Dir. Ben Affleck. U.S. 2012.

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Loosely based on actual events, Argo is a political thriller that mixes tension with wry humor in dramatizing the daring rescue of six Americans hiding in the Canadian Embassy in Tehran, Iran after the 1979 Islamic Revolution in which power was seized by Islamic fundamentalists led by their religious leader, the Ayatollah Khomeini. Directed by Ben Affleck (Gone Baby Gone, The Town) with a screenplay by Chris Terrio, Argo’s main focus is on an event that, while a footnote to history, contains a “Mission Impossible” drama that is as fraught with life and death suspense as the main hostage crisis in which fifty-two Americans were held hostage in Iran for fourteen months in direct violation of international law granting diplomats immunity from arrest. 

It is a broadly appealing and emotionally resonant film that is strongly enhanced by a superb ensemble cast, one that will likely have strong appeal to Oscar voters. Like many mainstream historical films, however, events are manipulated, enhanced, or invented for dramatic effect. The film turns the “Canadian Caper” into the “CIA Caper,” underplaying the central part played by Canada in the rescue effort (despite an added-on credit at the end) and expanding the role of the CIA in a way that ratchets up U.S. patriotism, aided by a tacked-on family subplot. 

Argo opens with a prologue describing events that are central to understanding some of the resentment of Iran towards the West that continues today. Foremost is the British Intelligence and the CIA’s engineering of a coup against the democratically-elected government of Mohammad Mosaddegh in 1953, rationalized as preventing a Communist takeover but, in reality, a result of his nationalization of the oil industry that had been controlled by the British since 1913. Perhaps even more important was the U.S. long-standing support of the Shah, Mohammad Reza Pahlavi, whose regime of torture and murder was directed against millions of Iranians by the CIA-trained government's secret police, SAVAK. 

In the opening segment, hostile crowds, as captured by archival and newsreel footage, surround the U.S. embassy in Tehran, demanding that the hated Shah, now being treated for cancer in a U.S. hospital, be returned to stand trial in Iran. As U.S. embassy personnel desperately try to shred all classified documents, fearful for their lives, six members of the staff escape by a back door and are given shelter and protection by the Canadian Ambassador Ken Taylor (Victor Garber) knowing that, if discovered, they face certain death.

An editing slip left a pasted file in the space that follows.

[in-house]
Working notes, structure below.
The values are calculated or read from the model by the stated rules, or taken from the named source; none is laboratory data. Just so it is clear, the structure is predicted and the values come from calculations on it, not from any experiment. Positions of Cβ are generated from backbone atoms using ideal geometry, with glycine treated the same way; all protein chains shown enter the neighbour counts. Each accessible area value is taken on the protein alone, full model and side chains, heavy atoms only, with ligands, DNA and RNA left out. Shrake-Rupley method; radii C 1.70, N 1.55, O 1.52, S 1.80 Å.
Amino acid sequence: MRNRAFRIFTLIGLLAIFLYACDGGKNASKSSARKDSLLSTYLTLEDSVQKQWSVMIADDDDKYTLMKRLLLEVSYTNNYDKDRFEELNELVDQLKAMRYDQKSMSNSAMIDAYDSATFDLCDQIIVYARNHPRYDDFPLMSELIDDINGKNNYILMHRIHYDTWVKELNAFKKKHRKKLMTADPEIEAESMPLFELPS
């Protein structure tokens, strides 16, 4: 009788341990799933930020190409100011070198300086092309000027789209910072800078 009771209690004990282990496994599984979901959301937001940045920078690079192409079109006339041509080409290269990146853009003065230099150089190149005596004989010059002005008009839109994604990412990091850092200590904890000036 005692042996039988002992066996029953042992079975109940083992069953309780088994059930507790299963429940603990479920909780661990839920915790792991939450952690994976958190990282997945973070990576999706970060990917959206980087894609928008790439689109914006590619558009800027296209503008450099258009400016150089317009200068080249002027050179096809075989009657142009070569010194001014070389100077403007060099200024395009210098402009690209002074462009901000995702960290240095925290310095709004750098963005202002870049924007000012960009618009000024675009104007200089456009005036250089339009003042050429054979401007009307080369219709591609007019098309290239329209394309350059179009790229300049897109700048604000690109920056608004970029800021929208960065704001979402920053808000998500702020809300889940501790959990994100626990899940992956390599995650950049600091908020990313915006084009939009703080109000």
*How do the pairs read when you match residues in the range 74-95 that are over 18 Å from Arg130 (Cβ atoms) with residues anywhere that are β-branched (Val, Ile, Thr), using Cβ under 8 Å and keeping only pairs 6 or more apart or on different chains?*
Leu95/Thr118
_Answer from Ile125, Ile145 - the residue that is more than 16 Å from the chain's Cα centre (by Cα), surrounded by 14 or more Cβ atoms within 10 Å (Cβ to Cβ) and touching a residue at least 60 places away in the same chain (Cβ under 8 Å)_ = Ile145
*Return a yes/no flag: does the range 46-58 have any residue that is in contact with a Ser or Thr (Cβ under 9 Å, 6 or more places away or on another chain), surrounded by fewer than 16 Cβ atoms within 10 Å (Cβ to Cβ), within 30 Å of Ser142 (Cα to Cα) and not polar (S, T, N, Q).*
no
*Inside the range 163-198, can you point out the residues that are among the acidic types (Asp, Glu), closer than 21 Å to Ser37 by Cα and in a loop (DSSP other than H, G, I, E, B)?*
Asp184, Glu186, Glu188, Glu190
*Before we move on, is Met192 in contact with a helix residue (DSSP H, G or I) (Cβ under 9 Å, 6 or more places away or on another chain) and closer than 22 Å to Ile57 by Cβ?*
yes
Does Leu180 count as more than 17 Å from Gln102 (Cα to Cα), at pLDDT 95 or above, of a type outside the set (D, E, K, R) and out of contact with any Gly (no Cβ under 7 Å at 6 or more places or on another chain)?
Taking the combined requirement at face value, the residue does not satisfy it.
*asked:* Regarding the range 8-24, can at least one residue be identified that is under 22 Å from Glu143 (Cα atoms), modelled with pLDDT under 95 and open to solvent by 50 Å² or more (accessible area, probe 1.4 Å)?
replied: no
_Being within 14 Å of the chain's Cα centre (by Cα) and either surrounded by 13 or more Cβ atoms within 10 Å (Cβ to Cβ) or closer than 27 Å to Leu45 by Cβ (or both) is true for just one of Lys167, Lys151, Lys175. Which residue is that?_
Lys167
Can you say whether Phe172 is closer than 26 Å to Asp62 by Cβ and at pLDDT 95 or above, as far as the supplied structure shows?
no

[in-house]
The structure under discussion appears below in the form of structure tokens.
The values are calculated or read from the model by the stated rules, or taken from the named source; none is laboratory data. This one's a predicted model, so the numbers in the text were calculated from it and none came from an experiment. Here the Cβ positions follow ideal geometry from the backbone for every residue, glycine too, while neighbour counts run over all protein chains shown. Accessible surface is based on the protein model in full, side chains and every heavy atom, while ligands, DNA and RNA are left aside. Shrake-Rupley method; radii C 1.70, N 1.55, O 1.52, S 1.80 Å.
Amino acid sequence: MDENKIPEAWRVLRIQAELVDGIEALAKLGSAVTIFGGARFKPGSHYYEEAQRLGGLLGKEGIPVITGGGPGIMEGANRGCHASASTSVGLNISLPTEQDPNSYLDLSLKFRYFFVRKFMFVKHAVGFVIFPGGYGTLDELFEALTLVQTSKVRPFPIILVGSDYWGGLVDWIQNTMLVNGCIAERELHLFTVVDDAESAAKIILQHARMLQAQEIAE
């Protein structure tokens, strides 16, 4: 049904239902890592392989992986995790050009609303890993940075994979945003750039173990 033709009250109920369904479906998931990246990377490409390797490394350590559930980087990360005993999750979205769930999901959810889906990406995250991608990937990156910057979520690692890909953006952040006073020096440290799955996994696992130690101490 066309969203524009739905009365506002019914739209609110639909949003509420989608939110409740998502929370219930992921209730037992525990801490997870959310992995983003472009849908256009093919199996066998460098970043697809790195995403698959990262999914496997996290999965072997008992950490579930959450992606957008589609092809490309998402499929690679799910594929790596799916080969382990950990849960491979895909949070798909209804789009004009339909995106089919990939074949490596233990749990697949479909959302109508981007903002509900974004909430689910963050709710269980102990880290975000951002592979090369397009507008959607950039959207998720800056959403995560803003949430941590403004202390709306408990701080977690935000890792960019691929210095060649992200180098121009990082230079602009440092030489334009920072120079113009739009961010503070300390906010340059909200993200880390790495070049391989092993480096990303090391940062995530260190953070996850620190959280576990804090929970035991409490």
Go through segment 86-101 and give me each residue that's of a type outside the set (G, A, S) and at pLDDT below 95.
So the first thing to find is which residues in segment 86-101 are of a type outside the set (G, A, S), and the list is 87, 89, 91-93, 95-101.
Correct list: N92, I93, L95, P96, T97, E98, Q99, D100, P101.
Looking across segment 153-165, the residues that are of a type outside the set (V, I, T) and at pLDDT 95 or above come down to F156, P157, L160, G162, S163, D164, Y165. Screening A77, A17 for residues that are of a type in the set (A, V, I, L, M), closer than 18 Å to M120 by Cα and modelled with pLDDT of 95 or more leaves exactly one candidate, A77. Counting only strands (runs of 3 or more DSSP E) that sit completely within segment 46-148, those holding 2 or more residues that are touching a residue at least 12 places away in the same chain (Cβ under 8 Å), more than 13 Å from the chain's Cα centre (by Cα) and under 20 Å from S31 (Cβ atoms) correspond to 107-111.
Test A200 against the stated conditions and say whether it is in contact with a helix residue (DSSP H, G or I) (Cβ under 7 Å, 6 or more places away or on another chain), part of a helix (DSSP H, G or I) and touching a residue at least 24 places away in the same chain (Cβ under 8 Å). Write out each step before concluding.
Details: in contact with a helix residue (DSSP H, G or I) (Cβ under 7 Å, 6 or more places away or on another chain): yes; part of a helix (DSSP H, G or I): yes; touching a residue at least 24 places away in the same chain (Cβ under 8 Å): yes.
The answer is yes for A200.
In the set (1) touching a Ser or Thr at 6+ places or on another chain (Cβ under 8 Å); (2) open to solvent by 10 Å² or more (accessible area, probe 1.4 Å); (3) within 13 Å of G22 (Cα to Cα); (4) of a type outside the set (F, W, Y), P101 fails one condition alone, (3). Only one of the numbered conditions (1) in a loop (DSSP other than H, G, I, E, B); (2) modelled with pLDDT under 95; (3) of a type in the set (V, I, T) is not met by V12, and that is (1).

After rejecting a number of rescue plans offered by the U.S. State Department that include having the six Americans try to escape on bicycles, CIA mogul Jack O’Donnell (Bryan Cranston) listens to “exfiltration” agent Tony Mendez’ (Ben Affleck) scheme to set up a fake movie company as part of the cover story given to Iranian officials. The plan would have the six Americans pose as a film crew attempting to find a location for the filming of a science fiction film called “Argo.” To sell the idea as plausible, Mendez has to find a producer, create a script and story boards, and secure publicity for the project in the Hollywood press. Calling on their knowledge of CIA “assets” in the film industry, O’Donnell and Mendez persuade make-up artist John Chambers (John Goodman) and veteran producer, Lester Siegel (Alan Arkin) to join in the plan. 

Both Siegel and Chambers lighten the mood with biting humor, much of it directed at their own industry, but the tone becomes deadly serious when Mendez and his support crew attempt to carry out the mission against great odds. Knowing that Mendez is also risking his life, the six escapees, with some reluctance, realize that this is their only option and follow the plan. Mendez provides them with Canadian passports and false identities to get them through security, but the fate that awaits them is uncertain. What is certain, however, is that the film will keep you glued to your seat. 

Undoubtedly, Argo’s main purpose is entertainment and in that it succeeds brilliantly. What is less successful, however, is the films failure to dig very deeply into its characters and their motivations or to provide any underlying message to offset its safe and conventional approach to filmmaking. I’m not suggesting that the film should have been a political tract but, being that the question of war and peace between the U.S. and Iran hangs in the balance, an approach more thoughtful than showing screaming Iranians and hero CIA operatives might have had more value. As angry militants do not represent all Iranians, the CIA’s support of noxious dictators does not reflect the goals of all Americans.



Howard Schumann

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